** 1/2 “Amélie” is a 2001 French film starring the enchanting Audrey Tautou in a hyper-fantastical tale of a sheltered young woman with a unique vision of the world. The film is nonstop eye candy with a tender heart. AMELIE, A New Musical, is based on the movie, and has the equally enchanting Phillipa Soo, scenery and costumes that are eye candy and a heart that begs to be loved. And that distinction weighs negatively on the delicate nature of this sweet story.
Craig Lucas has boosted the romance in the story and lost its originality. The opening is a little too coy and in trying to recreate the whirlwind feel of the movie, it becomes only marginally coherent. Once the show hits its stride it regains intelligibility and loses its uniqueness. Amélie’s young self/ confidante feels hackneyed and the ancillary characters are underused. The music and lyrics are pleasant and could use more varied arrangements.
Phillipa Soo‘s Amélie gives Audrey Tautou a run for her money. Charismatic, bewitching and sly, she sings from her guarded, creative heart and almost makes this 1:40 minute musical worth seeing.
The new a cappella musical “in transit” starts with an announcement that all the sounds in the show will be made by humans. As if we wouldn’t be able to tell without their guidance. As if there might be a person left in a Broadway audience that doesn’t know what “a cappella” means. And that pretty much sets the tone of inanity that carries thru this blandly peppy, little musical. The performance I saw had 4 understudies in, but there was still plenty of talent on stage for any good musical.
You would expect an a cappella musical to be sonically interesting, but they have managed to make the songs unmemorable and too similar so it just becomes one long forced-cheery, thumping slog. The characters are two-dimensional and except for one scene of reconciliation, there is little depth or imagination. I kept getting the feeling that I was back in the ’90s watching an Off-Broadway Revue, not acceptable for the price of a Broadway ticket. But then, the audience seemed to enjoy themselves, so maybe there is a clientele for a small, uninspired musical.
Josh Groban as Pierre with the cast of NATASHA, PIERRE & THE GREAT COMET OF 1812, photo by Chad Batka.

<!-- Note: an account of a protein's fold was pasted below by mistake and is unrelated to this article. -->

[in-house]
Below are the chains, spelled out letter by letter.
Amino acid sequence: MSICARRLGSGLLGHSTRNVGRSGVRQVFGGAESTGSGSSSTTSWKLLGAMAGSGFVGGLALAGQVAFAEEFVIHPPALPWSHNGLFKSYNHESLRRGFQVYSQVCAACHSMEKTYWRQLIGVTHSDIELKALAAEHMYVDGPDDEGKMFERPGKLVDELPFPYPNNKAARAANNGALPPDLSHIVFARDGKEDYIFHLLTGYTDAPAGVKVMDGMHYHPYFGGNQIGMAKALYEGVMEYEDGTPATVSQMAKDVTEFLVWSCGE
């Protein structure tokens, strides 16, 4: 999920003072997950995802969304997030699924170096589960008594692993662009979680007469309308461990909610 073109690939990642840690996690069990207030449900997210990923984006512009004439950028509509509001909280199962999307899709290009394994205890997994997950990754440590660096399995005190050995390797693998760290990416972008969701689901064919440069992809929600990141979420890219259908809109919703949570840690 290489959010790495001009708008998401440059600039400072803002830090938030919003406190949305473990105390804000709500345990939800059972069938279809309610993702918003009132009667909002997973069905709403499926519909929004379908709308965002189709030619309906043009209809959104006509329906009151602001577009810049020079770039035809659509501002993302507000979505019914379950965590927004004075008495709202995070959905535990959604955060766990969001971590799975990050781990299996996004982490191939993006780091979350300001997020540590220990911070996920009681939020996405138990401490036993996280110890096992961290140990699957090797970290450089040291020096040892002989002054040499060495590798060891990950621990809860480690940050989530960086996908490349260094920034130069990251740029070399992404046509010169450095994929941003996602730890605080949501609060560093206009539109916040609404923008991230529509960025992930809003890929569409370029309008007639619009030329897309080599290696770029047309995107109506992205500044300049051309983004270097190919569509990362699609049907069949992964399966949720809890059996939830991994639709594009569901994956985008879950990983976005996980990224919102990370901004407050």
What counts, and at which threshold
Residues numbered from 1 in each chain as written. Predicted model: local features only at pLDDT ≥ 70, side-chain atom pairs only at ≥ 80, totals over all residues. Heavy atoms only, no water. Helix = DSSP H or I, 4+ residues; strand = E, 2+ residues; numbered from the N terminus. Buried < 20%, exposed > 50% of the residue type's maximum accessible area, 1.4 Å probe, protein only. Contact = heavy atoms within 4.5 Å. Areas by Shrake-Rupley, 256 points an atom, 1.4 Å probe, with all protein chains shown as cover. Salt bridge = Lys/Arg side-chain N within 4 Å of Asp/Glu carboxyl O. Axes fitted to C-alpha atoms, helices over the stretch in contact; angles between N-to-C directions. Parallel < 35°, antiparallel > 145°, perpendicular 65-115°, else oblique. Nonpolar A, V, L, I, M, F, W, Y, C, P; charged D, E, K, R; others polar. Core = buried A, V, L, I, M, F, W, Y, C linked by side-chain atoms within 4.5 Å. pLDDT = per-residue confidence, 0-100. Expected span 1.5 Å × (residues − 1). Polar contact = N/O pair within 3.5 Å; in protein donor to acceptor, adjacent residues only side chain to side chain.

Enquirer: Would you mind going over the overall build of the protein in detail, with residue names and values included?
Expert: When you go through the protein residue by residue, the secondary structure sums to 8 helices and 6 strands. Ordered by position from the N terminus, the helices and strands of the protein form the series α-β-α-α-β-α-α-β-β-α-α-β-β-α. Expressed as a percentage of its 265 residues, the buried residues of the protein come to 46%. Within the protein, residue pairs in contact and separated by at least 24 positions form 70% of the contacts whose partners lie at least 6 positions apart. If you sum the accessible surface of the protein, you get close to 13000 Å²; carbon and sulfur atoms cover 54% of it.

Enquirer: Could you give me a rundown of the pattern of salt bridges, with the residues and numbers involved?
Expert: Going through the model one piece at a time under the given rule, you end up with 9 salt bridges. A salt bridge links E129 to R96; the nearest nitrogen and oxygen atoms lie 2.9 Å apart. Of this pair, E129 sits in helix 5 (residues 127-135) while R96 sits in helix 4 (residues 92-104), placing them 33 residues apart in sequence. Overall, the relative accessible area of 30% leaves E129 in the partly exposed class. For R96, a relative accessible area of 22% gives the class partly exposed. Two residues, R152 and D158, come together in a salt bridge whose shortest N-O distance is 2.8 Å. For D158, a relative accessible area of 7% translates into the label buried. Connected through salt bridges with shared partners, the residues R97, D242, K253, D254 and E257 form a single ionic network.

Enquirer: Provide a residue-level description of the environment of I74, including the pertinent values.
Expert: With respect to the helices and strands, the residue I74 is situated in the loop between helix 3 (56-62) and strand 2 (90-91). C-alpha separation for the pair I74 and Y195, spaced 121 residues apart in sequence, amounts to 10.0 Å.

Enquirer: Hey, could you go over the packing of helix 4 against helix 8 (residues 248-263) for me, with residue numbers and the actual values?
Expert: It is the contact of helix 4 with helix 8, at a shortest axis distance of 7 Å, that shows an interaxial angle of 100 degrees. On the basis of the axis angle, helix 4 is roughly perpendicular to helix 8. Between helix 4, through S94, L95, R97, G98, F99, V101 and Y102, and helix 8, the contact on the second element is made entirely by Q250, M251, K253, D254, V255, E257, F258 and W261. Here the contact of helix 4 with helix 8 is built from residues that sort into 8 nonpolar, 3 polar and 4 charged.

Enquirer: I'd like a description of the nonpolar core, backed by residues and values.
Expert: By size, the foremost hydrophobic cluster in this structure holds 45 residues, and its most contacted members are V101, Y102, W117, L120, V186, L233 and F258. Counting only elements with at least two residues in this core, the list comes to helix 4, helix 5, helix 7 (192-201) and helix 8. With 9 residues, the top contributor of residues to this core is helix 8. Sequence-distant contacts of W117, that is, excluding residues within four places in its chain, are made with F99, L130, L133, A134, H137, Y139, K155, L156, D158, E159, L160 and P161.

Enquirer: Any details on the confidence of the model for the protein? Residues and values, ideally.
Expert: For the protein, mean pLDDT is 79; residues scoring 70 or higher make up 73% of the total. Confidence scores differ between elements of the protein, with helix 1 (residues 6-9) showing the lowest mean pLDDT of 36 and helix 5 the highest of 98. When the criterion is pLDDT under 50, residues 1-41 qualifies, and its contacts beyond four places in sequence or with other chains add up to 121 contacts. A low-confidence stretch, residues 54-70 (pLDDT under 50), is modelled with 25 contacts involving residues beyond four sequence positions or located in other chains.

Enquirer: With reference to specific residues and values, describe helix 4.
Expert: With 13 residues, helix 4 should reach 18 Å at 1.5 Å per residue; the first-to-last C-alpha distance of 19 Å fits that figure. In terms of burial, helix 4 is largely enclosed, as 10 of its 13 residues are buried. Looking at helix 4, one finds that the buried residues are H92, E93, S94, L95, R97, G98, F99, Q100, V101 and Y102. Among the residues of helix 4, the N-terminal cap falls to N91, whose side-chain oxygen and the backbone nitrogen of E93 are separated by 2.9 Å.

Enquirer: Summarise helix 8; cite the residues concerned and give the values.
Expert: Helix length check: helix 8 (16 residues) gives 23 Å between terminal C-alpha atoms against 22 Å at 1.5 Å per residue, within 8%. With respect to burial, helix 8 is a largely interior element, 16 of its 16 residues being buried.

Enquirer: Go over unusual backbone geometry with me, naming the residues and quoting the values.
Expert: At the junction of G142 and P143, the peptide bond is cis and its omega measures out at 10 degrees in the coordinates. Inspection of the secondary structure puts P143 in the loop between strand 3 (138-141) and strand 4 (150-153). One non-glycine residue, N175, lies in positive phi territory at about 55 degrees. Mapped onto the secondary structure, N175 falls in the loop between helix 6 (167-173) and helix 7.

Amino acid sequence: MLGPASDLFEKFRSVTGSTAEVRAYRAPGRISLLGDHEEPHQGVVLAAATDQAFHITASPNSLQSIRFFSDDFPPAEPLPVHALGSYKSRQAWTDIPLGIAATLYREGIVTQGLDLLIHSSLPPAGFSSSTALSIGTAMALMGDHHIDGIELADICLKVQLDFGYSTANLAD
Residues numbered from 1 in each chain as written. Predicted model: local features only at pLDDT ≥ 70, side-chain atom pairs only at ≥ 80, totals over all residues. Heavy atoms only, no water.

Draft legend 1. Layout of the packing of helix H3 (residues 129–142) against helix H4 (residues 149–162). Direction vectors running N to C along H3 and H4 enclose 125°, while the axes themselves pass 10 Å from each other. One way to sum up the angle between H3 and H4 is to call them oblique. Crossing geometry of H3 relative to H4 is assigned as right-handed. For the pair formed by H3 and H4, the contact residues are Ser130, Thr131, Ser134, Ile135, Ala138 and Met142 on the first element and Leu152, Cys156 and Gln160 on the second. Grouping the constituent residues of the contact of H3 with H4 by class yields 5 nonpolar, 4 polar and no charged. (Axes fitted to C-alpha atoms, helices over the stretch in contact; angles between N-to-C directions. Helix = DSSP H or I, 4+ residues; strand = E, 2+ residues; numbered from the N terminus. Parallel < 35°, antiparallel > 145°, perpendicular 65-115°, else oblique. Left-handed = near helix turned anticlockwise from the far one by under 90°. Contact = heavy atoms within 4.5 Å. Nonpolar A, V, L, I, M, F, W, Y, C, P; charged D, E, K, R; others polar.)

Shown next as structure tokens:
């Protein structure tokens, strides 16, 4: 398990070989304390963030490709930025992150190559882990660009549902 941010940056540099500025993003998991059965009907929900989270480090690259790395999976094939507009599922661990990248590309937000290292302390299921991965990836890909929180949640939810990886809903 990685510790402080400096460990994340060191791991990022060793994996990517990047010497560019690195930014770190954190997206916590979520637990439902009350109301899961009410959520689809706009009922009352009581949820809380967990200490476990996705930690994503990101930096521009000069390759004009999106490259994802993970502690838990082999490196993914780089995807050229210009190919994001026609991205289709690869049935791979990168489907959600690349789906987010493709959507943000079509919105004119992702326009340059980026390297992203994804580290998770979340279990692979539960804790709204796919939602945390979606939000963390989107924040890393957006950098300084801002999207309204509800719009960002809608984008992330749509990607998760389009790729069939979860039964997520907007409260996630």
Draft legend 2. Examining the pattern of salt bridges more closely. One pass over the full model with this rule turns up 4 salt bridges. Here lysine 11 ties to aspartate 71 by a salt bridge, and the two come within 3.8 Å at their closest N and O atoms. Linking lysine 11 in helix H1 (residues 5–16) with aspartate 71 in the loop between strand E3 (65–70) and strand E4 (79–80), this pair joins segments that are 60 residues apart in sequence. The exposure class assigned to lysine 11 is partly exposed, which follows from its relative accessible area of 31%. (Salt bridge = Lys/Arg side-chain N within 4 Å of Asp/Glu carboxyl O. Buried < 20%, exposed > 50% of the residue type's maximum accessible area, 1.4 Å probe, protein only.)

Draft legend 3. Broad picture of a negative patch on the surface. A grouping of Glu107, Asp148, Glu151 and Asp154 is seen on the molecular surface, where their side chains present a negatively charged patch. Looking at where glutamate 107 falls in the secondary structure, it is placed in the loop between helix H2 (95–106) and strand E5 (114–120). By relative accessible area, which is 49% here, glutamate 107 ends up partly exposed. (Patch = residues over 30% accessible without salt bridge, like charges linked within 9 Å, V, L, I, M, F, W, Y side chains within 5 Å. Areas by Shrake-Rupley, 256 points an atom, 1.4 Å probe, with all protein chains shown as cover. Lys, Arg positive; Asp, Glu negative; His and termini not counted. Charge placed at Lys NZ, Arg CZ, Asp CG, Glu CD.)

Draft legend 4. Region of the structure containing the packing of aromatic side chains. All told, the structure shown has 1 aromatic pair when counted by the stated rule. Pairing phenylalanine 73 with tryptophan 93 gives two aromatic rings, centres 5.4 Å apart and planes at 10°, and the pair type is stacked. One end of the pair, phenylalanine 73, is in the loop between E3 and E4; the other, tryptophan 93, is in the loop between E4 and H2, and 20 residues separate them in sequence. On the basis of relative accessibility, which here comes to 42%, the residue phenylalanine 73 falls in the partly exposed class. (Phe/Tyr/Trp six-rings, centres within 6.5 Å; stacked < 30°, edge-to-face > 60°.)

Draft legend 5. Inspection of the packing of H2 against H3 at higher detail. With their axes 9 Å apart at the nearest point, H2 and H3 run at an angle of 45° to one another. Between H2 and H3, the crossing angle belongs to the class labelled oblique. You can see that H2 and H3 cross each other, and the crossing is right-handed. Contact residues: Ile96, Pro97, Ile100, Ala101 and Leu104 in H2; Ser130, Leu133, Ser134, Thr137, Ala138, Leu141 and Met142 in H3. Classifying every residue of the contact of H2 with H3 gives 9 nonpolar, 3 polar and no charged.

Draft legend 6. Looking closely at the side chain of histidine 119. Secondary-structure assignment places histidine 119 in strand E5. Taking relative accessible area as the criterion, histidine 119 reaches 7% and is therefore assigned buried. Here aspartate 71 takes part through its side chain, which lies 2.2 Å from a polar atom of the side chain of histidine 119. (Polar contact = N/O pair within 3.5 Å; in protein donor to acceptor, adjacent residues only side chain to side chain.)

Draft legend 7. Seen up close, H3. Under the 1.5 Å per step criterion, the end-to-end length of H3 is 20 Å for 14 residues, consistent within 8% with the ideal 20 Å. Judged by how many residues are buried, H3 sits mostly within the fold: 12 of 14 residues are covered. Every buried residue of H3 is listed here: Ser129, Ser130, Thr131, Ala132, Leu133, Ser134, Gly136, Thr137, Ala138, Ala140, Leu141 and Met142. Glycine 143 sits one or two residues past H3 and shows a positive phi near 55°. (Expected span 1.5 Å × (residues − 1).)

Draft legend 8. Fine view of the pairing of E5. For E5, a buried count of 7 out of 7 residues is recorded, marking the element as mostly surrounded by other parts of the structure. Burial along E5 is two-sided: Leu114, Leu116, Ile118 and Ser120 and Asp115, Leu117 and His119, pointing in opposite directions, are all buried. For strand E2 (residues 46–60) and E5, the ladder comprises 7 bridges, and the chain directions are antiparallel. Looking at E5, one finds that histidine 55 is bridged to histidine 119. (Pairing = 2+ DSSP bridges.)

NATASHA, PIERRE & THE GREAT COMET OF 1812 has a lot in common with HAMILTON. Based on large books, both are sung-through (meaning there is no spoken dialogue), both use a mixture of musical styles including anachronistic modern genres, both have duels, both are created by a single person writing book, music & lyrics and both represent a new wave in American Musical Theater. Having rich base material to draw on helps both shows create intricately detailed plots, deeply drawn characters and insightful storytelling.
For those of you who didn’t make it through Leo Tolstoy’s WAR AND PEACE in school, have no fear. This is a raucous, fascinating musical based on a few chapters of WAR AND PEACE and there is no chance of you falling asleep. Composer/Lyricist/Bookwriter Dave Malloy has gone out of his way to make everything clear with an Opening Number that introduces the characters. I was not a Josh Groban fan going in, but he is perfectly cast as the introspective, corpulent Pierre and his singing and acting shine through on his journey of awakening.
The Set looks like a multi-layered wedding cake in the style of The Russian Tea Room, with audience on all tiers. There is a runway stretching through the theater, where the chorus comes out to feebly draw us into the performance. The lighting is innovative, if sometimes blinding. The tuneful music has moments of divinity and there is some of the best choral work this side of THE COLOR PURPLE. However, I would not recommend this show to anyone who only favors old-fashioned Musicals. This is Art. Sublime, delicious Art.